|Sector / Subsector
Agriculture, natural resources and rural development
- Agricultural production
- Land-based natural resources management
- Energy efficiency and conservation
- Energy sector development and institutional reform
Information and communication technology
- ICT industries and ICT-enabled services
- Road transport (non-urban)
- Water transport (non-urban)
Water and other urban infrastructure and services
- Urban policy, institutional and capacity development
- Urban solid waste management
- Urban water supply
|Project Rationale and Linkage to Country/Regional Strategy
The Philippines is highly vulnerable to the impacts of climate change. The country is ranked highest in the world in terms of vulnerability to tropical cyclones and third in terms of the population's exposure to floods and droughts. Enhancing the climate resilience of the economy and the adaptive capacity of the populations is thus crucial for sustainable development. Climate change-induced economic losses are particularly high in urban and peri-urban areas largely because of the increasing fragility of urban ecosystems and the low adaptive capacity of communities. The need to develop ecologically stable and economically resilient urban areas has been recognized by many stakeholders but the concept has not been widely demonstrated.
To address climate change, the government enacted the Climate Change Act of 2009 (Republic Act 9729), which established the CCC as the government's sole policy-making body tasked with coordinating, monitoring, and evaluating programs and action plans related to climate change. The Climate Change Act provided the principles guiding the formulation of National Climate Change Action Plan 2011 2028 (NCCAP), which aims at gender-responsive and rights-based sustainable development through seven strategic priorities, namely: food security, water sufficiency, ecosystem and environmental stability, human security, climate-smart industries and services, sustainable energy, and capacity development.
Pursuing green growth and climate resilience strategies at LGU level can address both causes and consequences of climate change. Further, carbon intensity and resource efficiency are increasingly significant in determining economic competitiveness of LGUs. The capacity of LGUs to mainstream climate change concerns into development planning is limited however.
The TA fully supports the implementation of NCCAP and the Climate Change Act, which aims at mainstreaming climate change and disaster risk reduction and management into national, sector and local development plans and programs. It has strong links to the Philippines Development Plan 2011-2016 , especially with regard to goal 3 (enhanced resilience of natural systems and improved adaptive capacities of communities to cope with environmental hazards including climate-related risks) of the strategic framework for conservation, protection, and rehabilitation of the environment and natural resources. The TA has robust linkage to the ADB Country Partnership Strategy 2011-2016 and its thematic paper on climate change and disaster risk reduction and management (DRRM), which recognizes the need to increase the resilience to climate change and natural disasters while harnessing opportunities for greenhouse gas (GHG) mitigation. In addition to contributing to the objective of strengthening the institutional capacity, the TA closely aligns with ADB's Strategy 2020, Southeast Asia Department's climate change implementation plan, ADB's Water for All policy, ADB's Water Operational Plan 2011-2020, and various sector assessments, strategies, and road maps in terms of increasing resilience to climate stresses (agriculture and natural resources sector), promoting use of renewable energy (energy sector), and enhancing water sanitation through effective waste management (urban development sector).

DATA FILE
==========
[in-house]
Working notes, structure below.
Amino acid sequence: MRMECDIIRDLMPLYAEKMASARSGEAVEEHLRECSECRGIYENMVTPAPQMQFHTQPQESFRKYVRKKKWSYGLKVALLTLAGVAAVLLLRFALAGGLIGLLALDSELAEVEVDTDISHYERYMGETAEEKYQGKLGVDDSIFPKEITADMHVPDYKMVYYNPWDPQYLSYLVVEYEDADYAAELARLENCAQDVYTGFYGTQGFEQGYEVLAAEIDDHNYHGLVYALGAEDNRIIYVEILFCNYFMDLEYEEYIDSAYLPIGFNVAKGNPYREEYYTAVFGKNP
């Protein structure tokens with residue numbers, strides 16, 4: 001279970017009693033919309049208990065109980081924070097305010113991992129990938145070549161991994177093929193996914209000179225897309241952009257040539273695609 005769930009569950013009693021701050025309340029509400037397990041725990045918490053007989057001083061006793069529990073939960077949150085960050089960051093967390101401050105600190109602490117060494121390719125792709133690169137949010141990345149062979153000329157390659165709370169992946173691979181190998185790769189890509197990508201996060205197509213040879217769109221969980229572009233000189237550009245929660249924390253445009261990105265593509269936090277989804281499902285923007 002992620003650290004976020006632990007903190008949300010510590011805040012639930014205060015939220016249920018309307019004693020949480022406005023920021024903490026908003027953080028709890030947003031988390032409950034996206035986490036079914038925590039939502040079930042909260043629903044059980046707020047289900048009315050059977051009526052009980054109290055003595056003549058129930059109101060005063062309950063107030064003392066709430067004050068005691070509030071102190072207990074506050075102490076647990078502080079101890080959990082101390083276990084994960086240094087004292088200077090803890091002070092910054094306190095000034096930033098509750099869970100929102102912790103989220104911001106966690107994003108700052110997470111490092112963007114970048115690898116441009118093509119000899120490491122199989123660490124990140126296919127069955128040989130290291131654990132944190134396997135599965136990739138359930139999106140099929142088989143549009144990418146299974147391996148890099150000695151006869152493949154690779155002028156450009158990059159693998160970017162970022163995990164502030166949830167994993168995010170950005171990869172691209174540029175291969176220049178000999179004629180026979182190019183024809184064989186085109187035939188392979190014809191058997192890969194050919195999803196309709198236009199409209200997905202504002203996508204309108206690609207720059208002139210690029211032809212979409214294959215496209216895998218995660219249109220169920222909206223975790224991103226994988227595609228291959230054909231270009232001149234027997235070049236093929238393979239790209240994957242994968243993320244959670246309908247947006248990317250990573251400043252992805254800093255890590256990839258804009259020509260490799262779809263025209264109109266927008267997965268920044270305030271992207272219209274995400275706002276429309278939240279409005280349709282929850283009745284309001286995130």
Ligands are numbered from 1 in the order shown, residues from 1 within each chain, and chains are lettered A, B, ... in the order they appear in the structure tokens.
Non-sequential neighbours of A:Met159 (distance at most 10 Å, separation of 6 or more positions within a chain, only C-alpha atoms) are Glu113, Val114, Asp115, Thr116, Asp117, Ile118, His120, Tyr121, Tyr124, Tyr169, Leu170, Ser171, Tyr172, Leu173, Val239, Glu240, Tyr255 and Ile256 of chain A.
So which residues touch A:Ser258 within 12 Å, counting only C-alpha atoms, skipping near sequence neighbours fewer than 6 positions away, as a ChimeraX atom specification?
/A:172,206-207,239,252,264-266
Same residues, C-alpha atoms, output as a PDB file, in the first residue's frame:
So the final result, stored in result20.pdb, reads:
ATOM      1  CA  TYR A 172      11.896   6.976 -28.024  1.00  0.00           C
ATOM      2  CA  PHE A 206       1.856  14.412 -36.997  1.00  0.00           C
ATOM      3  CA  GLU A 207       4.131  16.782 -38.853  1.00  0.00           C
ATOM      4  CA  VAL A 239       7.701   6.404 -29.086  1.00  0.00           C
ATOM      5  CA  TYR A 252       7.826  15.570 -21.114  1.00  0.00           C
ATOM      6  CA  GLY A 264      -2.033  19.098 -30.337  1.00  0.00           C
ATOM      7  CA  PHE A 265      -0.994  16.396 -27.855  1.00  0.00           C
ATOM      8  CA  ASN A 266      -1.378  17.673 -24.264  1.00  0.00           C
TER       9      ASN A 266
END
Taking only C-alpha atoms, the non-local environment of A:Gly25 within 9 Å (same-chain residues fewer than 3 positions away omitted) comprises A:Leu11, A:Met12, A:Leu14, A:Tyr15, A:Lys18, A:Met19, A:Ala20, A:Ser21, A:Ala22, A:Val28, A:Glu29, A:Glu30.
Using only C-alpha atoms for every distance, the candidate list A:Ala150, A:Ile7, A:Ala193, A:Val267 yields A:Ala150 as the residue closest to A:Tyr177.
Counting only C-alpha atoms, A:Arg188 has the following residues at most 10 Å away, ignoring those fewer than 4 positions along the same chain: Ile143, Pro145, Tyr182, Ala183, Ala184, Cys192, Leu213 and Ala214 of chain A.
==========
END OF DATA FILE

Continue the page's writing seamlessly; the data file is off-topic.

The TA builds on vulnerability assessment methodologies developed under ADB-funded regional TA on adaptation and DRRM projects undertaken in Manila and other areas. It will promote synergies with ADB lending programs such as the Integrated Natural Resources and Environmental Management project and benefit from other climate change projects funded by the German Agency for International Cooperation, the Global Green Growth Institute, the Australian Agency for International Development, the United States Agency for International Development and the United Nations Development Program in terms of exchange of relevant datasets and information on good practices for green growth and climate resilience.